S3: And you know , I'm glad you asked that , because you're taking now the international and making it local. There are there are a good number of Iraqis who have settled in San Diego , but they've been here since the 1960s , particularly the Chaldean Christian community. And , um , so it's also when I'm talking about the emotional drain , it's , you know , seeing , you know , fellow Iraqis from the Chaldean community seeing their pain because their community , which was in the millions , has almost disappeared since 2003. So it's also , you know , you know , in my interactions with them over the last 20 years , seeing how their community , you know , that's connected to this land since time immemorial , this is a community that still speaks Aramaic , the language that Jesus would have spoken in his lifetime , but also to see how they're linked to Iraq are severed , because particularly this community suffered under ISIS. But even after ISIS , the threats been diminished. This community still faces discrimination that really intensified after 2003.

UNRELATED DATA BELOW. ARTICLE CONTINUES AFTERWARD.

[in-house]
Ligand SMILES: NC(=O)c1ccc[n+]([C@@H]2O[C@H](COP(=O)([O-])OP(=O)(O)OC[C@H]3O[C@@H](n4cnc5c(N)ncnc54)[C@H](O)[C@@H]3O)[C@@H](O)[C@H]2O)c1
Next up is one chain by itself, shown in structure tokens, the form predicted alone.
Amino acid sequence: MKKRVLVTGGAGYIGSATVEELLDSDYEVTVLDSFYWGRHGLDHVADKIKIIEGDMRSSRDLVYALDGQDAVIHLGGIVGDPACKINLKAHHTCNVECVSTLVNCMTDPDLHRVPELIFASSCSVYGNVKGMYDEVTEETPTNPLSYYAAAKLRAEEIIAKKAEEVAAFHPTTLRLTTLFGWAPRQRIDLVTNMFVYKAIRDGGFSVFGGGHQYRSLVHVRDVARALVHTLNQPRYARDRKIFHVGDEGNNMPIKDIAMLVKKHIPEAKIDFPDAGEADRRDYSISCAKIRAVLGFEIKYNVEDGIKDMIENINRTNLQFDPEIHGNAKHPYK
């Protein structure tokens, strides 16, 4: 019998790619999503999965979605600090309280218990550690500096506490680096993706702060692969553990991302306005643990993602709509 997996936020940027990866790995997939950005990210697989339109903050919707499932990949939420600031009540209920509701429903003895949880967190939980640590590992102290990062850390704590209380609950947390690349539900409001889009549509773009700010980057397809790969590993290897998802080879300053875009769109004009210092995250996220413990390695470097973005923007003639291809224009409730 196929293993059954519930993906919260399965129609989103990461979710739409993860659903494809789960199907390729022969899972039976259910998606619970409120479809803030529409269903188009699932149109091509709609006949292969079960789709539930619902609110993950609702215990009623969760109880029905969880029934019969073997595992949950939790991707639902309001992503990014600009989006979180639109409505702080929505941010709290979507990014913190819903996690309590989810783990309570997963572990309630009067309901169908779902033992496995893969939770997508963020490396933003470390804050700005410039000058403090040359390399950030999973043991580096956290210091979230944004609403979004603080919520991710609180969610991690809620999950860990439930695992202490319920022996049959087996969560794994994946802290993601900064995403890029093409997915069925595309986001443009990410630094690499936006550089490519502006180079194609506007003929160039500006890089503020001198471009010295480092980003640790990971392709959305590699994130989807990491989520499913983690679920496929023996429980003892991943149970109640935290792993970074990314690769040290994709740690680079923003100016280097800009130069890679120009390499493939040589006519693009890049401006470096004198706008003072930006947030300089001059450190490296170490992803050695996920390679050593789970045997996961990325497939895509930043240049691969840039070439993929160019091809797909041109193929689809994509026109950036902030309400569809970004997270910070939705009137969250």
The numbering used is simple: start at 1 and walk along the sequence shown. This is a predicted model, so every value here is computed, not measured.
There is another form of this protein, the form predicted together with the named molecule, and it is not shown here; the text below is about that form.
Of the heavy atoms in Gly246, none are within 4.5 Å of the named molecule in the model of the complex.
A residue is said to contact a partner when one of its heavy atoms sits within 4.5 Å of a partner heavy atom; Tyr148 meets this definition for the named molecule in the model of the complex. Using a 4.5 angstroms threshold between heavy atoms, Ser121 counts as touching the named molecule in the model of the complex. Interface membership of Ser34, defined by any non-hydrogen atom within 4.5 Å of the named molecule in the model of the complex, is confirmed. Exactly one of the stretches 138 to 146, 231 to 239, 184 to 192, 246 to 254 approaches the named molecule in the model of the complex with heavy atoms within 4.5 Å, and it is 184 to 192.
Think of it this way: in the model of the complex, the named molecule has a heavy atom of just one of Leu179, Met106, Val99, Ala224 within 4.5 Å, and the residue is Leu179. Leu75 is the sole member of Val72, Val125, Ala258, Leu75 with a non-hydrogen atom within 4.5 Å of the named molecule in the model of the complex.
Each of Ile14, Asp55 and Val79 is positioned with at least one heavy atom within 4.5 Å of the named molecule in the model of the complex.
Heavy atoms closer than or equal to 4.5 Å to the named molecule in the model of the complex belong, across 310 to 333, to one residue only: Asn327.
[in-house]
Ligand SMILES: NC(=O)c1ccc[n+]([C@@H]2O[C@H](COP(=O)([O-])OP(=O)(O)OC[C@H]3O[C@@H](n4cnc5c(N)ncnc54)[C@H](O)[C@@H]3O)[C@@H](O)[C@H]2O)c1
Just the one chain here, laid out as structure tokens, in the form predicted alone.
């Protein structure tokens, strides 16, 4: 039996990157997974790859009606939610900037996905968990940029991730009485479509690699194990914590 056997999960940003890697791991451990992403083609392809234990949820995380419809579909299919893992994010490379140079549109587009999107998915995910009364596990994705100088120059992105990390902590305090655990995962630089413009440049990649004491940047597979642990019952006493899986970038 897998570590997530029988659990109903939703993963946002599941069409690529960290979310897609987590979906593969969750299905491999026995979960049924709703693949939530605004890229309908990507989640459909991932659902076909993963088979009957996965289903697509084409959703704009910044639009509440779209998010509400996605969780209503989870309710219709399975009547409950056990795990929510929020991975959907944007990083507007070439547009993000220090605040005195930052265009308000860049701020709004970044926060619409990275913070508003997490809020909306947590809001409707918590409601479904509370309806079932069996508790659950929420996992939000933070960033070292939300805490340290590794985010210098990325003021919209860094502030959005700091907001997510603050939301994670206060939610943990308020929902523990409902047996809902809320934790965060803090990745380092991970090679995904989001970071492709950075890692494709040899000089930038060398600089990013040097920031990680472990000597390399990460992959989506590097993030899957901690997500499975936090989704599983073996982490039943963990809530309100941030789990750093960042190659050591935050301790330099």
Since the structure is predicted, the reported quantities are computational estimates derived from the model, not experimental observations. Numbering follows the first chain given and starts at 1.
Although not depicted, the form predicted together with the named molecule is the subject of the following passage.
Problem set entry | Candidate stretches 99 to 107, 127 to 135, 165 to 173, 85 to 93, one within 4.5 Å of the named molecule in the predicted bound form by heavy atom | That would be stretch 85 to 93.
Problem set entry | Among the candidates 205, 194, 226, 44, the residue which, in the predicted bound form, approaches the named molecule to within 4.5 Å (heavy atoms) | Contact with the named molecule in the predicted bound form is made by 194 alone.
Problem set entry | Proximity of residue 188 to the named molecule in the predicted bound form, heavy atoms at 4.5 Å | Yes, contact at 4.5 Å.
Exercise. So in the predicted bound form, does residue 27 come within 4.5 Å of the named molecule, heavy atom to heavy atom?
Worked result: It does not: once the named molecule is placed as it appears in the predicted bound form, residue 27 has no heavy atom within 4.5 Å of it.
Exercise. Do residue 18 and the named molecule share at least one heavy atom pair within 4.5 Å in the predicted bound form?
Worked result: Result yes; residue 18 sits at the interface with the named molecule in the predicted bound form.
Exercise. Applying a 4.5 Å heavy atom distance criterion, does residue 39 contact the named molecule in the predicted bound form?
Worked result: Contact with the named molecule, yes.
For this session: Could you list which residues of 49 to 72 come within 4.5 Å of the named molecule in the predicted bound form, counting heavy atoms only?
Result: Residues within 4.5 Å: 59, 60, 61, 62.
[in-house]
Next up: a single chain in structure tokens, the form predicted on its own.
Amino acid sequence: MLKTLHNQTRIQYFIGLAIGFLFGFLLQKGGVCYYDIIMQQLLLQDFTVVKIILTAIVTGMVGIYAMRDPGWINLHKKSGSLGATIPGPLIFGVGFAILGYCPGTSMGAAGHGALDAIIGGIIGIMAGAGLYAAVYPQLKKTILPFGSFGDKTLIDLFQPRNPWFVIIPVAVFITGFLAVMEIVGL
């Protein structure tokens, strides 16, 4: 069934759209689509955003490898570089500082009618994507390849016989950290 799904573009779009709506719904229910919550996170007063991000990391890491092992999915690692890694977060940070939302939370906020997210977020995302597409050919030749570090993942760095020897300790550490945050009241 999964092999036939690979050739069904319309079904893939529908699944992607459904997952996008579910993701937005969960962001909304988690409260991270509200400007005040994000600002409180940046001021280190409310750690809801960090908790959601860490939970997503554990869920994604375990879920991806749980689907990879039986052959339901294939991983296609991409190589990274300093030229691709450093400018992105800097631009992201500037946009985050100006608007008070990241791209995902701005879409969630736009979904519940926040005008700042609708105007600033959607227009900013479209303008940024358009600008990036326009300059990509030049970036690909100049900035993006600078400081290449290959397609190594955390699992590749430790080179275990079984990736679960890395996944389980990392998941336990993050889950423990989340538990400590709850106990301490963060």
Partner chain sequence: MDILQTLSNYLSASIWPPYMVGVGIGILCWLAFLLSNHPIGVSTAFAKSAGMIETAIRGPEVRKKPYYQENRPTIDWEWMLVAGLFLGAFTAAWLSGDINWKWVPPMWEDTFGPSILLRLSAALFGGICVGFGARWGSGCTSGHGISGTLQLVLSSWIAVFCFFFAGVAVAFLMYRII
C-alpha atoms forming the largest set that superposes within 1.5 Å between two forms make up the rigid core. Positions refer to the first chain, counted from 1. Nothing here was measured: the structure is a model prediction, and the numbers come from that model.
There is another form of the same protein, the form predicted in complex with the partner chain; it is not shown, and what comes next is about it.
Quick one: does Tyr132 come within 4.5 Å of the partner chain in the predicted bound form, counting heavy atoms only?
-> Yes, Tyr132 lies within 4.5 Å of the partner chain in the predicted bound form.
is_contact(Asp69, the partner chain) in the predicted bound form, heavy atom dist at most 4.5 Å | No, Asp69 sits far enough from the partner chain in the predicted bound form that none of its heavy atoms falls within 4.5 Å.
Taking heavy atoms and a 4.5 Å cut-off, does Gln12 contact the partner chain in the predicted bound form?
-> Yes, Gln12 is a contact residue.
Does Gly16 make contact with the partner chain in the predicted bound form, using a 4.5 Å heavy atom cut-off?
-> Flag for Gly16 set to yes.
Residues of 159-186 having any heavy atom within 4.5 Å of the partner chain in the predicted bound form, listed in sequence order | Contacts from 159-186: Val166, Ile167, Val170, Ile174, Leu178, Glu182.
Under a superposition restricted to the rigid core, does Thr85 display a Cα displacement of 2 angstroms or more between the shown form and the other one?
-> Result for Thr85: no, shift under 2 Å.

S1: Ibrahim Al Marash is associate professor of history at Cal State San Marcos and co-author of the book The Modern History of Iraq. Again , he'll be speaking at SDSU s campus of Arts and Letters this Thursday , April 20th at 7 p.m.. For more information , visit Professor Morici , thank you so much for joining us today.

S5: My pleasure.

Ways To Subscribe

On Midday Edition Wednesday, KPBS takes a look back at the Iraq War 20 years after the U.S. invasion began. Iraqi-American history professor Ibrahim al-Marashi shares his thoughts on the war, and his personal and professional connections to the invasion and its aftermath.

Al-Marashi will be speaking about the legacy of the Iraq War at an event at San Diego State University's Arts and Letters 101 7 p.m. Thursday, April 20.


Ibrahim al-Marashi, associate professor of history at CSU San Marcos